Households with children and pets are feeling particularly tightly squeezed by rising living costs, research suggests.
On average, people were paying £441 a month extra on household bills in the 12 months to February, according to a survey commissioned by mutual insurance and pensions provider, Royal London.
Those with children and pets have seen their total monthly bills soaring by £497 a month typically, the findings indicate.
Mortgage payments, energy bills and groceries were among the rising costs that people were grappling with.
Nearly a third (31%) of people surveyed generally said they were either overdrawn on their accounts at the end of the month or had to borrow money to make ends meet.
Just over a fifth (21%) had used some or all of their savings to cover cost-of-living expenses.
The research was released by Royal London ahead of new Consumer Prices Index (CPI) inflation figures being published by the Office for National Statistics (ONS) on Wednesday.
The most recent figures show that CPI inflation rose by 10.4% in the 12 months to February 2023, accelerating from 10.1% in January.
Many economists had been expecting CPI to slow in February, but the surprise jump came after food and non-alcoholic drinks prices rose by 18% year-on-year.
This month has been dubbed “awful April” due to a string of bill hikes, due to households grappling with rising bills, including broadband, mobile, water and council tax.
To help households deal with the impact of rising living costs, many benefits and the state pension have been uprated by 10.1%, alongside a 9.7% rise in the national living wage.
Millions of households receiving means-tested benefits will also benefit from enhanced cost-of-living payments across 2023-24, as part of the support available to households on lower incomes.
Sarah Pennells, consumer finance specialist at Royal London, said: “Rocketing prices have caused hardship for millions of people across the UK, but it’s been an especially bumpy ride for people with childcare and pet costs.”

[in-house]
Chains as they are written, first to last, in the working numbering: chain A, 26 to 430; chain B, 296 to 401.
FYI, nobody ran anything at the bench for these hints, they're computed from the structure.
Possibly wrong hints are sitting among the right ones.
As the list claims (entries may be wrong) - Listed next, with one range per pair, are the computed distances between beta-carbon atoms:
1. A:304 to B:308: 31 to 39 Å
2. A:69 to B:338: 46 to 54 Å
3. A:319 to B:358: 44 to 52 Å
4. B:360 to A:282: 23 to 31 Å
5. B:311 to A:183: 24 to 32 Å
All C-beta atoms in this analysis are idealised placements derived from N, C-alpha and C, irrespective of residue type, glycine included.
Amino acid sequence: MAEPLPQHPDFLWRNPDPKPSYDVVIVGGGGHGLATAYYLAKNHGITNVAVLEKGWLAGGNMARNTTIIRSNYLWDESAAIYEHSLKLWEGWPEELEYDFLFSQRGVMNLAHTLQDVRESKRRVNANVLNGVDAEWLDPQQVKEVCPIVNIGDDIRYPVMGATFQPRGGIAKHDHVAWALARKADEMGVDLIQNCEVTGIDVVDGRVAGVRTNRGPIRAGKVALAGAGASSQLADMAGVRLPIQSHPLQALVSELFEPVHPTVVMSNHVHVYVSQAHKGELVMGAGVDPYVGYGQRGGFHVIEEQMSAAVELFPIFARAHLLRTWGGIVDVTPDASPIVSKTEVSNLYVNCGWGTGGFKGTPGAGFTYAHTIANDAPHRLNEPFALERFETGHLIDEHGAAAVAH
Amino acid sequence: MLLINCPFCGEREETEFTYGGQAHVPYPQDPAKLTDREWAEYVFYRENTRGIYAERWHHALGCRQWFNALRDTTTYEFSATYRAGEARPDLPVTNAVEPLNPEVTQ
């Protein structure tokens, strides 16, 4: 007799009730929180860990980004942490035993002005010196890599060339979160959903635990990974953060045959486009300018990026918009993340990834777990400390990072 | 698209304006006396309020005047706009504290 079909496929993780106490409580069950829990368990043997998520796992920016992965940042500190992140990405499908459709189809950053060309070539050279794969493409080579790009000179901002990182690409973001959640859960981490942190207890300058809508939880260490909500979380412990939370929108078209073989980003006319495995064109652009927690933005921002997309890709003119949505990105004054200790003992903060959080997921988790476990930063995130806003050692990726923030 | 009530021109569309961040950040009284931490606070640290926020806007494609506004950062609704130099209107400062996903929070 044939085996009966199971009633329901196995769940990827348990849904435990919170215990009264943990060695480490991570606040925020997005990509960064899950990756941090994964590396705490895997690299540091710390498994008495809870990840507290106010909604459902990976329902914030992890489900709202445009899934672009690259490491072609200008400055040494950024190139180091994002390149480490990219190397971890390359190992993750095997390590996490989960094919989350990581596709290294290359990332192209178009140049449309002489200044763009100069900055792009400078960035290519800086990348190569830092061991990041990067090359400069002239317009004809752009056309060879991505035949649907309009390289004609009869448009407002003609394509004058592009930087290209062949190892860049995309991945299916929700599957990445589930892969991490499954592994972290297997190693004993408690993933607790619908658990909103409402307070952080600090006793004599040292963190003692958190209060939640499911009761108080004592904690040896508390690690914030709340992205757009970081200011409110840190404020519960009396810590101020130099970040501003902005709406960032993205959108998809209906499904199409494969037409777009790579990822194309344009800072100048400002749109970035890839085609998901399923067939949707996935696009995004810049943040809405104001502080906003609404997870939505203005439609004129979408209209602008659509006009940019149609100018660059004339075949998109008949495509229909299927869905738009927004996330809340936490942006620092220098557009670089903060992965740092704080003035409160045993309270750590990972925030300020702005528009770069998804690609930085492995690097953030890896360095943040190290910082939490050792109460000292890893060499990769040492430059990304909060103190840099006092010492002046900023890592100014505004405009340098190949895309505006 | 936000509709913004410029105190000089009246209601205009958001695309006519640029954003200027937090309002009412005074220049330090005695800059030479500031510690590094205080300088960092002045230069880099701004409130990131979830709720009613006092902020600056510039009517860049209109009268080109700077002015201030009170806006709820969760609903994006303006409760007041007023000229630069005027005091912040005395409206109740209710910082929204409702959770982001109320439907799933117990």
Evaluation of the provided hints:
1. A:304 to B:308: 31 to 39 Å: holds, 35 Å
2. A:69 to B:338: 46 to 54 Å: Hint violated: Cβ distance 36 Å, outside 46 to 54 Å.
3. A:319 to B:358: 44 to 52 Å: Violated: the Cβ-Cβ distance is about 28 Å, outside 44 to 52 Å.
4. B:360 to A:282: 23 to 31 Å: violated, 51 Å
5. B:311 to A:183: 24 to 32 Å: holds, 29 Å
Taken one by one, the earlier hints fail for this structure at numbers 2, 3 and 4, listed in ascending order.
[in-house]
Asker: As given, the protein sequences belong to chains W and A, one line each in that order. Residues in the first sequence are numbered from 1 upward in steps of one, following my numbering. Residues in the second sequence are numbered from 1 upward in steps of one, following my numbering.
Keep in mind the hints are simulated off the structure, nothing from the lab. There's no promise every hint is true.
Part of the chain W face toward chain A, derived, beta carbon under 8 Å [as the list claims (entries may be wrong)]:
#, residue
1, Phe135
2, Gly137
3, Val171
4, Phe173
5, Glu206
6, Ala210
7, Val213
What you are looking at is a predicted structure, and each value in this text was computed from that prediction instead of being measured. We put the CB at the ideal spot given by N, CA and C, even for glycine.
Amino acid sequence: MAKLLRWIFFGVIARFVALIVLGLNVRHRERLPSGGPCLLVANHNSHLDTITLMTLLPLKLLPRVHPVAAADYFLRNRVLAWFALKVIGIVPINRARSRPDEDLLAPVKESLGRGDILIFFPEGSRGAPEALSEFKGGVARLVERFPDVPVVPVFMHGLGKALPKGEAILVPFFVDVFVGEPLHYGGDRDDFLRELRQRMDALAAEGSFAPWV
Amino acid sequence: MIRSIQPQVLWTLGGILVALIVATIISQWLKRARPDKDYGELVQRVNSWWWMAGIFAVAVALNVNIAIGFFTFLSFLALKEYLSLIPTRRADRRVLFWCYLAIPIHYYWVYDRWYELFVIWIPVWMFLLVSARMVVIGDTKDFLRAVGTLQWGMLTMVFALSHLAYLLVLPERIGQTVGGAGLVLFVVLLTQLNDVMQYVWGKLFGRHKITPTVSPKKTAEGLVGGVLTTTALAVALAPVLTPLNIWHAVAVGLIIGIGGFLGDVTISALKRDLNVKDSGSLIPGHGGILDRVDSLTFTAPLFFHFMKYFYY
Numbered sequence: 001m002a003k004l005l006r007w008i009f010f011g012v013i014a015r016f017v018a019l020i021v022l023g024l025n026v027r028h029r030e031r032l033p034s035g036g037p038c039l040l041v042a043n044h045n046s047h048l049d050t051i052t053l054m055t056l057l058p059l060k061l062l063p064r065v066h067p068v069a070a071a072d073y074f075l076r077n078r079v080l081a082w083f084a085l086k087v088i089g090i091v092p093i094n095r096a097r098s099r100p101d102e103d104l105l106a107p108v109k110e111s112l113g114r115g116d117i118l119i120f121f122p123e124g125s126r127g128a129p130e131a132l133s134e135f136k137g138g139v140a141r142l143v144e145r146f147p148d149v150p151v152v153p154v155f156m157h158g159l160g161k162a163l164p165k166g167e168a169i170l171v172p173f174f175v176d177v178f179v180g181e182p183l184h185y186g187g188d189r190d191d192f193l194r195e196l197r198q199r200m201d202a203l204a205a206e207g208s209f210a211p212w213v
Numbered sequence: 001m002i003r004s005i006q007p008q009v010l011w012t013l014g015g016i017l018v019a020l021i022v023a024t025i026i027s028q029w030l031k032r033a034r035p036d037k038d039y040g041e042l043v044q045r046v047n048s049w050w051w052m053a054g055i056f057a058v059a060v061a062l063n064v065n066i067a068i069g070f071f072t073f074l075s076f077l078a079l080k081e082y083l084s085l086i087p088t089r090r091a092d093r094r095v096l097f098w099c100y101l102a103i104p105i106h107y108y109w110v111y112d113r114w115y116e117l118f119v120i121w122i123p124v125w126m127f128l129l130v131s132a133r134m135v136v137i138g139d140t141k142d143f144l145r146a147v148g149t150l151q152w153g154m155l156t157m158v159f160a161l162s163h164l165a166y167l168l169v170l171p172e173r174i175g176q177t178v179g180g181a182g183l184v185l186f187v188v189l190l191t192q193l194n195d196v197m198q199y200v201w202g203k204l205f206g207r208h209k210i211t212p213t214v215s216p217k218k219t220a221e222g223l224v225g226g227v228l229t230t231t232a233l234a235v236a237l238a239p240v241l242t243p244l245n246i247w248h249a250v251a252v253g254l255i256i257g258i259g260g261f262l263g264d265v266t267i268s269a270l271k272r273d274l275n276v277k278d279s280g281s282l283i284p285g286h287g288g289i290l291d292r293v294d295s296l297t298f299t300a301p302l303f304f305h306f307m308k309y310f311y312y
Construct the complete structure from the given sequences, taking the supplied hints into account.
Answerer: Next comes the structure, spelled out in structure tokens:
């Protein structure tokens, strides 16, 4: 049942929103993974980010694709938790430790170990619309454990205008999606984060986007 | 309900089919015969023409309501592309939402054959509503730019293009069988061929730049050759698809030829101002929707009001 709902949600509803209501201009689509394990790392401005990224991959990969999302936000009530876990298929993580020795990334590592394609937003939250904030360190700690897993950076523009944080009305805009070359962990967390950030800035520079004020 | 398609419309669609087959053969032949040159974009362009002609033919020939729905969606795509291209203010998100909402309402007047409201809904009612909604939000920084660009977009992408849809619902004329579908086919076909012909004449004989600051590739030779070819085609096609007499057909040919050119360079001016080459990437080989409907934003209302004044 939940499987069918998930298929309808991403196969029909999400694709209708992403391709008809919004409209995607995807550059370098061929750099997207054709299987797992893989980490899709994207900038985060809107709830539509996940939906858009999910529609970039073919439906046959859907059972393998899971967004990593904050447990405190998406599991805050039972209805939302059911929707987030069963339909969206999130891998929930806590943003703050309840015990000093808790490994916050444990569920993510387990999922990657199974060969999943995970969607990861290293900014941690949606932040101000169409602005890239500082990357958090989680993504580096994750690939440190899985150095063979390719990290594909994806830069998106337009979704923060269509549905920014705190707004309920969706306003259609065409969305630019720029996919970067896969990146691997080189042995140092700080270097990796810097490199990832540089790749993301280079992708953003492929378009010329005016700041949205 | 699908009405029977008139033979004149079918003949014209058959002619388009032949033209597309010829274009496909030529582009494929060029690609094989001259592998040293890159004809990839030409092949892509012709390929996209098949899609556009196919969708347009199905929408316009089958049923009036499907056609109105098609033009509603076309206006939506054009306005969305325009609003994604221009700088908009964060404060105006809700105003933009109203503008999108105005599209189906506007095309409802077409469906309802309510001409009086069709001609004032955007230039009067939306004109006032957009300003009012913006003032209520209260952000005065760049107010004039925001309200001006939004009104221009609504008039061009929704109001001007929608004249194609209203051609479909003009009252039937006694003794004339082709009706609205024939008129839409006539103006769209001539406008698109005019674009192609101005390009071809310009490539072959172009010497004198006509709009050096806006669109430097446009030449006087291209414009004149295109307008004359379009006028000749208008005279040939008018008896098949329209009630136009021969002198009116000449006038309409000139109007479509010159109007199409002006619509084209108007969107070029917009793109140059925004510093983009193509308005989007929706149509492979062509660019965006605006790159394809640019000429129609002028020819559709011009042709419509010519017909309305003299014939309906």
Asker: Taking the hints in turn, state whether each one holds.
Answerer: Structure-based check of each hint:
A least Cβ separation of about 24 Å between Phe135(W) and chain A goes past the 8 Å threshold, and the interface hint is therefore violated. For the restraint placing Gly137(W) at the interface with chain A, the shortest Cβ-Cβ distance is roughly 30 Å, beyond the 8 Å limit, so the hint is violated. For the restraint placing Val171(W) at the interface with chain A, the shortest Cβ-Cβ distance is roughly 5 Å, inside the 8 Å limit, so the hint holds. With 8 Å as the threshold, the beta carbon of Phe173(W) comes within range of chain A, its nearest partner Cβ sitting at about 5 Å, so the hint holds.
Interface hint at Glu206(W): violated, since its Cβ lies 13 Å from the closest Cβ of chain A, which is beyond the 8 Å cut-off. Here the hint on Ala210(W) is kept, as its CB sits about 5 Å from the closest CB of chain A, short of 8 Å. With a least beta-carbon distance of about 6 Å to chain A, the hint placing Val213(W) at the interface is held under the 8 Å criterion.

She added: “Unsurprisingly, rainy day funds have been depleted and households now face a deft balancing act as they try and make the money they have coming in stretch as far as possible.
“It’s worrying that one in three people are going into the red at the end of the month or borrowing to make ends meet.
“In these difficult times, it’s important to revisit the family budget regularly and see if there are any further savings you can make on your day-to-day spending. But it’s also important to seek help, whether that’s from your energy supplier or bank, or from a debt advice charity, if you need it. Most organisations would rather you contact them if you’re in difficulty, so don’t be afraid to ask for help.”
Royal London commissioned a survey by Opinium among 4,000 UK adults in February and March.
Here are some general tips from Royal London for people struggling with household bills:
1. Find out where your money is going
Start by finding out where your money is being spent. Get your last three bank statements and credit card bills or check online and highlight any areas where you may be spending money unnecessarily or spending too much. This could be on anything from a top-of-the-range broadband package that is not really needed to a mobile phone contract including data going unused.
2. Do not bury your head in the sand
If you are finding it hard to pay your energy bills, contact your energy provider to discuss ways you can pay them. They should agree a payment plan with you, which takes into account your current income and what you owe. Contact Citizens Advice if you cannot agree a plan.
3. See if you can reduce your council tax bill
Depending on where someone lives and their circumstances, they may qualify for a council tax discount, for example if they are an adult living on their own.
4. Make sure you are claiming any benefits you are entitled to
Charity Turn2us has a benefits calculator on its website at benefits-calculator.turn2us.org.uk. It also has a grant search tool at grants-search.turn2us.org.uk.
5. Get help with unmanageable debts
If you are struggling to pay for the essentials, organisations such as StepChange or the National Debtline will be able to give you help with your debts, free of charge.
6. Reduce your food bills, if you can
Consider planning meals a few days in advance and writing down a shopping list to avoid buying unnecessary items. Swapping to different brands can also help with making supermarket savings.